Norton explores the secret world of bulletproof hosting that’s hidden deep in underground bunkers, isolated at sea, and spread across the Web. Uncover the threats that lie within these services, such as botnets, malware, ransomware, and the black market, and learn how to protect yourself in “The Most Dangerous Town on the Internet – Where Cybercrime Goes to Hide”
Hosted by Stewart Cheifet, Computer Chronicles was the world's most popular television program on personal technology during the height of the personal computer revolution. It was broadcast for twenty years from 1983 - 2002. The program was seen on more than 300 television stations in the United States and in over 100 countries worldwide, with translations into French, Spanish, Chinese, and Arabic. The series had a weekly television broadcast audience of over two million viewers.
Microsoft's Windows OS grew up a little bit with the release of Windows NT in 1993. This program looks at the new operating system. Included are demonstrations of NT's application integration and SQL server. Also featured are a new NT based graphics program from Altsys called Virtuoso and a new NT CAD program from Bentley Systems called MicroStation. This program also includes a visit to the NT test and development lab in Redmond, Washington and a comparison between NT and Unix. Originally broadcast in 1993. Copyright 1993 Stewart Cheifet Productions.
The NeXT Computer (also called the NeXT Computer System) was a high-end workstation computer developed, manufactured and sold by Steve Jobs' company NeXT from 1988 until 1990. It ran the Unix-based NeXTSTEP operating system. The NeXT Computer was packaged in a 1-foot (305 mm) die-cast magnesium cube-shaped case, which led to the machine being informally referred to as "The Cube".
A profile on computer pioneer Gary Kildall and the important contributions he made to the PC industry including the true story on how IBM ended up using MS-DOS rather than CP/M. Kildall developed CP/M, the first personal computer operating system. He was also a co-host on the early Computer Chronicles series. Includes comments by Gordon Eubanks, Symantec; Tom Rolander, DRI; Tim Bajarin, Creative Strategies; Lee Lorenzen, DRI; Jacqui Morby, TA Associates; Alan Cooper, CP/M applications developer. Originally broadcast in 1995.
This is a nostalgic hacker documentary about the early to mid 90s computer underground. Featuring old skool alpha geeks like Phiber Optik, once a member of the legendary hacker groups Legion of Doom and Masters of Deception. Plenty of cool interviews with the early 2600 crew in NYC, the l0pht, and even a bit on Agent Steal aka Justin Tanner Petersen who snitched on Kevin Poulsen. Also phone phreaking with a red box! Brace for lulz.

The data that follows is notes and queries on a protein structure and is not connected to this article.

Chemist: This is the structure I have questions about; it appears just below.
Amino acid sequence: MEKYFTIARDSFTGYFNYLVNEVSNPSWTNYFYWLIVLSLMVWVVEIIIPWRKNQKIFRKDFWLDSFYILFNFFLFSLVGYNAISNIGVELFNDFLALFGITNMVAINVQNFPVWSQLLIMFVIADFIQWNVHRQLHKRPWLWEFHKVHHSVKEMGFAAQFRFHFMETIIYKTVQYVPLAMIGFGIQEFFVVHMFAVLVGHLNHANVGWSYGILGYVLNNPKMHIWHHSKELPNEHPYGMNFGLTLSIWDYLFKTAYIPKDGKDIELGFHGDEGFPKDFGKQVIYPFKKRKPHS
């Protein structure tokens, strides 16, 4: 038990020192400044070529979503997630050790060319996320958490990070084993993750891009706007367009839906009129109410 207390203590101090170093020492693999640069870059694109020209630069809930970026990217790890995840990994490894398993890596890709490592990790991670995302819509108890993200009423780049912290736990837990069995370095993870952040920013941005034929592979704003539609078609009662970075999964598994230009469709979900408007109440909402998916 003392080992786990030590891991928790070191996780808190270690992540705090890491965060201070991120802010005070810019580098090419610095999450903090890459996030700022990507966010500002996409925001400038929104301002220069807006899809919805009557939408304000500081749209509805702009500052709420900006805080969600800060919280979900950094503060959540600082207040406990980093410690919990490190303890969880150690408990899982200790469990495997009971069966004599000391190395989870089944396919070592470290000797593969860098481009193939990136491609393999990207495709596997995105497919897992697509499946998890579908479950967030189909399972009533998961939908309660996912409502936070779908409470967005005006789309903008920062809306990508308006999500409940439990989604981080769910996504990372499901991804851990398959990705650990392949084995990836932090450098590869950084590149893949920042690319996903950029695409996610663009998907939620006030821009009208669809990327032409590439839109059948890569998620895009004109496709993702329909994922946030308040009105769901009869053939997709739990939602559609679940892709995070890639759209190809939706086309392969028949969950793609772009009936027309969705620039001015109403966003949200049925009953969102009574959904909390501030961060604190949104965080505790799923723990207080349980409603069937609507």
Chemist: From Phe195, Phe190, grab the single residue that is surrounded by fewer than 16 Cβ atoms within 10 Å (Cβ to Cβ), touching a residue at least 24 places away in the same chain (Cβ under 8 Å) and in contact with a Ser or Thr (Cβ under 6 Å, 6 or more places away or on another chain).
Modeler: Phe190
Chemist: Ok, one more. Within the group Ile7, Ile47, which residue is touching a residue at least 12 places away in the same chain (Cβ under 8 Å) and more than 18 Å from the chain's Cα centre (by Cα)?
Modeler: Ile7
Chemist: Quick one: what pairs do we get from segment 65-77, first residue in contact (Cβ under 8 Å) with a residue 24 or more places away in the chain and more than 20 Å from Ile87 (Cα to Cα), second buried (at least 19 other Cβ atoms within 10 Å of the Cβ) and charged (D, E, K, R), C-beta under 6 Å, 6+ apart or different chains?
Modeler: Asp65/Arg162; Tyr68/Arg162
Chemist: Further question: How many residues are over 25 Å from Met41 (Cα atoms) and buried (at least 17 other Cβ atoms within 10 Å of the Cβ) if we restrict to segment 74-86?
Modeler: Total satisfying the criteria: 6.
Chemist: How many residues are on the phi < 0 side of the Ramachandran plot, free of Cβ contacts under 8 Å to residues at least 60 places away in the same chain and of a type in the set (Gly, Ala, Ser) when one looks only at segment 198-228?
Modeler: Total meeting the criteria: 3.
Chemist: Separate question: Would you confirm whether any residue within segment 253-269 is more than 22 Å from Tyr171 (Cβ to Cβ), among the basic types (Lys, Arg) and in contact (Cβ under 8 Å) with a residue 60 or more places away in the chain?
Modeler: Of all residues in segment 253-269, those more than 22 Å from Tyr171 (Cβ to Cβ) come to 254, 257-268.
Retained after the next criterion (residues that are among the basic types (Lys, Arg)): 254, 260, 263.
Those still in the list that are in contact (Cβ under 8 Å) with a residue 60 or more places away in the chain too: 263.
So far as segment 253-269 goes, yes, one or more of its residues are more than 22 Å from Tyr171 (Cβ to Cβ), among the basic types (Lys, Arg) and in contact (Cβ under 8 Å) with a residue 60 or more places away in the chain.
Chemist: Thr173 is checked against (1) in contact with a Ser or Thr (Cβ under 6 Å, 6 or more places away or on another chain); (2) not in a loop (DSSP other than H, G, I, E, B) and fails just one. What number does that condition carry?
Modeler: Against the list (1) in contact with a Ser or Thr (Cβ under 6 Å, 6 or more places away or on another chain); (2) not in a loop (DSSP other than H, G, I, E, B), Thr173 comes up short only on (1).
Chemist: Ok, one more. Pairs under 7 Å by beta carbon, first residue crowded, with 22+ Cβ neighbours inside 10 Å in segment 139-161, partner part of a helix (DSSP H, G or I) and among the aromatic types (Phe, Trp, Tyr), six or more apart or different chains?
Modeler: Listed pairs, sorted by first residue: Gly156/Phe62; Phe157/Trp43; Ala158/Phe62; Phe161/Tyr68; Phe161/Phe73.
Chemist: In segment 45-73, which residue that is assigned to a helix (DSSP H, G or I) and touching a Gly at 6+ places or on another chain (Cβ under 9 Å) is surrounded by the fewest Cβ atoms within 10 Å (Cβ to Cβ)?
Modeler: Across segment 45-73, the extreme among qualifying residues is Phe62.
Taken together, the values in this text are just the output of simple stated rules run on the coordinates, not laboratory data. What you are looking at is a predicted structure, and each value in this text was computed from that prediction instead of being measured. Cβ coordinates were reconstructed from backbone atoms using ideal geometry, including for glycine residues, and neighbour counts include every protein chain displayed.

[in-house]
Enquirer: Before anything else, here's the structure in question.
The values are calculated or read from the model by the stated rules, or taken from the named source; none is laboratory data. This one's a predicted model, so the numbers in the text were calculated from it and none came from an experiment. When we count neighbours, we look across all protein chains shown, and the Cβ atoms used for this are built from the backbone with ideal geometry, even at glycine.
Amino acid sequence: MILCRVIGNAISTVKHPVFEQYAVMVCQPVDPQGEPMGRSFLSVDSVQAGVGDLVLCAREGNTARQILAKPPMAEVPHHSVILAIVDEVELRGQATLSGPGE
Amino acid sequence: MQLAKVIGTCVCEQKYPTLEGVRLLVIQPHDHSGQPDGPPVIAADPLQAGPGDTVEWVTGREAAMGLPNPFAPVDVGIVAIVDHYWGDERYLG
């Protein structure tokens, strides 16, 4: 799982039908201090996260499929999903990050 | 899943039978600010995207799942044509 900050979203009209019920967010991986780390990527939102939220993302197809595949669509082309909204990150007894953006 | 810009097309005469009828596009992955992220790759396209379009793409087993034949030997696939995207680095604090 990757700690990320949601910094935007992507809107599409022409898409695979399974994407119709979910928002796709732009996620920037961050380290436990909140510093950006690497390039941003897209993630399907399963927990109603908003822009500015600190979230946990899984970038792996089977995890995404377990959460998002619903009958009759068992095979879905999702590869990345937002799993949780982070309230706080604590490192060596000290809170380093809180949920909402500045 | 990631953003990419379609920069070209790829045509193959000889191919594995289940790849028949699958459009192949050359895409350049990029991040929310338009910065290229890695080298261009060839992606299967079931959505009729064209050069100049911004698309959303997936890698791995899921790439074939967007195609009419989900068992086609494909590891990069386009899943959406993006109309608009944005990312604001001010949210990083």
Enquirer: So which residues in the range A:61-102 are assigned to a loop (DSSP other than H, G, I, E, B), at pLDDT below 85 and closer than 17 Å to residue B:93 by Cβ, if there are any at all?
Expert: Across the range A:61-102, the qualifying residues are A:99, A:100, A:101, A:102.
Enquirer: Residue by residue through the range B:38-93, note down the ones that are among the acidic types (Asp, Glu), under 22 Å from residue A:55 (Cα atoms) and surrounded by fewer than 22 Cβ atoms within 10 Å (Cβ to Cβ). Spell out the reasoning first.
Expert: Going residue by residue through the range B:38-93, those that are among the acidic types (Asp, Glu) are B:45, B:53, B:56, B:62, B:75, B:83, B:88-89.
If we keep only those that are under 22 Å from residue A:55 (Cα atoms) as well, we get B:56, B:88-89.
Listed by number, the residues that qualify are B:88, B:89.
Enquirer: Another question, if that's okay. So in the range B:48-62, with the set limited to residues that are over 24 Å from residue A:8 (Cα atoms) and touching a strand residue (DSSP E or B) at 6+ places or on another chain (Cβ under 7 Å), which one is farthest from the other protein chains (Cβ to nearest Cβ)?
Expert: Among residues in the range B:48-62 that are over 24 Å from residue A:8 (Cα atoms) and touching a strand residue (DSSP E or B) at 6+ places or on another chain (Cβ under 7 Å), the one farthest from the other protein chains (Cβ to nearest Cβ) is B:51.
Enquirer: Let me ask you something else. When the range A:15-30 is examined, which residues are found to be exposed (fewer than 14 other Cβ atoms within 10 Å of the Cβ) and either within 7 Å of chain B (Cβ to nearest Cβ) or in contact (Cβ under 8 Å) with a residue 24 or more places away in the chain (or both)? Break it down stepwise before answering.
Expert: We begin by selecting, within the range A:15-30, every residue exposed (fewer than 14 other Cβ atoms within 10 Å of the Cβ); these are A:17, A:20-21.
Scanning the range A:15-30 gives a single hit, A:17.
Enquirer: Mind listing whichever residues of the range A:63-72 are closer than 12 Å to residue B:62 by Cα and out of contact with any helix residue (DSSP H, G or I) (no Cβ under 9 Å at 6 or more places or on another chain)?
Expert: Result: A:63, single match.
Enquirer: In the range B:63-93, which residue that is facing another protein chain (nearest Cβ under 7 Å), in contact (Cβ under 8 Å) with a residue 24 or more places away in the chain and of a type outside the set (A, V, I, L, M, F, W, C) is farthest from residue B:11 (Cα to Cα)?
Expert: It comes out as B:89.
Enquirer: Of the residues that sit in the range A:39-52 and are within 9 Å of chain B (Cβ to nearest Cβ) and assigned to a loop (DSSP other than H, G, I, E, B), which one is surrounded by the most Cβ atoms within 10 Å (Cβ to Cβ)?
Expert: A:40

Code Rush is a documentary following the lives of a group of Netscape engineers in Silicon Valley. It covers Netscape's last year as an independent company, from their announcement of the Mozilla open source project until their acquisition by AOL.
This 23-minute film about UNIX was designed for students with an interest in engineering, math, computer science or other sciences. The film was made available to the public in December 1982. It covers different ways that UNIX could be employed practically in a computing environment. Another film about UNIX released at the same time, "The UNIX System: Making Computers More Productive," was aimed at computer science majors and corporate trainees, and presented a more detailed discussion of the UNIX system and its various applications.
A documentary looking at the past, present, and future of Red Hat and the evolution of open source.
In the late 1960s, Bell Laboratories computer scientists Dennis Ritchie and Ken Thompson started work on a project that was inspired by an operating system called Multics, a joint project of MIT, GE, and Bell Labs. The host and narrator of this film, Victor Vyssotsky, also had worked on the Multics project. Ritchie and Thompson, recognizing some of the problems with the Multics OS, set out to create a more useful, flexible, and portable system for programmers to work with.
Originally aired on BBC2 in 1992, 'Operation Gladio' reveals 'Gladio', the secret state-sponsored terror network operating in Europe. This BBC series is about a far-right secret army, operated by the CIA and MI6 through NATO, which killed hundreds of innocent Europeans and attempted to blame the deaths on Baader Meinhof, Red Brigades and other left wing groups. Known as 'stay-behinds' these armies were given access to military equipment which was supposed to be used for sabotage after a Soviet invasion. Instead it was used in massacres across mainland Europe as part of a CIA Strategy of Tension. Gladio killing sprees in Belgium and Italy were carried out for the purpose of frightening the national political classes into adopting U.S. policies.
-Taxpayer-funded BBC working alongside a radical far left organisation for Panorama to 'take down Tommy Robinson' - Blackmailing my former employees to invent stories - Hope not Hate on set with the BBC, calling the shots and intimidating my ex-employees during interview - BBC caught on camera telling an ex-employee the questions they would ask her in the interview and the answers that she needed to say for it to air (scripted fake interviews!) - BBC caught on camera suggesting they could edit and clip an argument I had with an ex-employee to portray a totally different angle and to quote John Sweeney on camera he could make it 'a gender, a sexual thing against Tommy Robinson'. (BBC creating fake #MeToo stories!) - BBC likening the working class to cannibals in the jungle whose vocabulary is limited to the words F*ck off. - BBC Journalists giving zero shits about your hard earned £150 licence fee and spending on midweek £220 champagne lunches. - Oh, and the BBC face of panorama being casually racist and homophobic.
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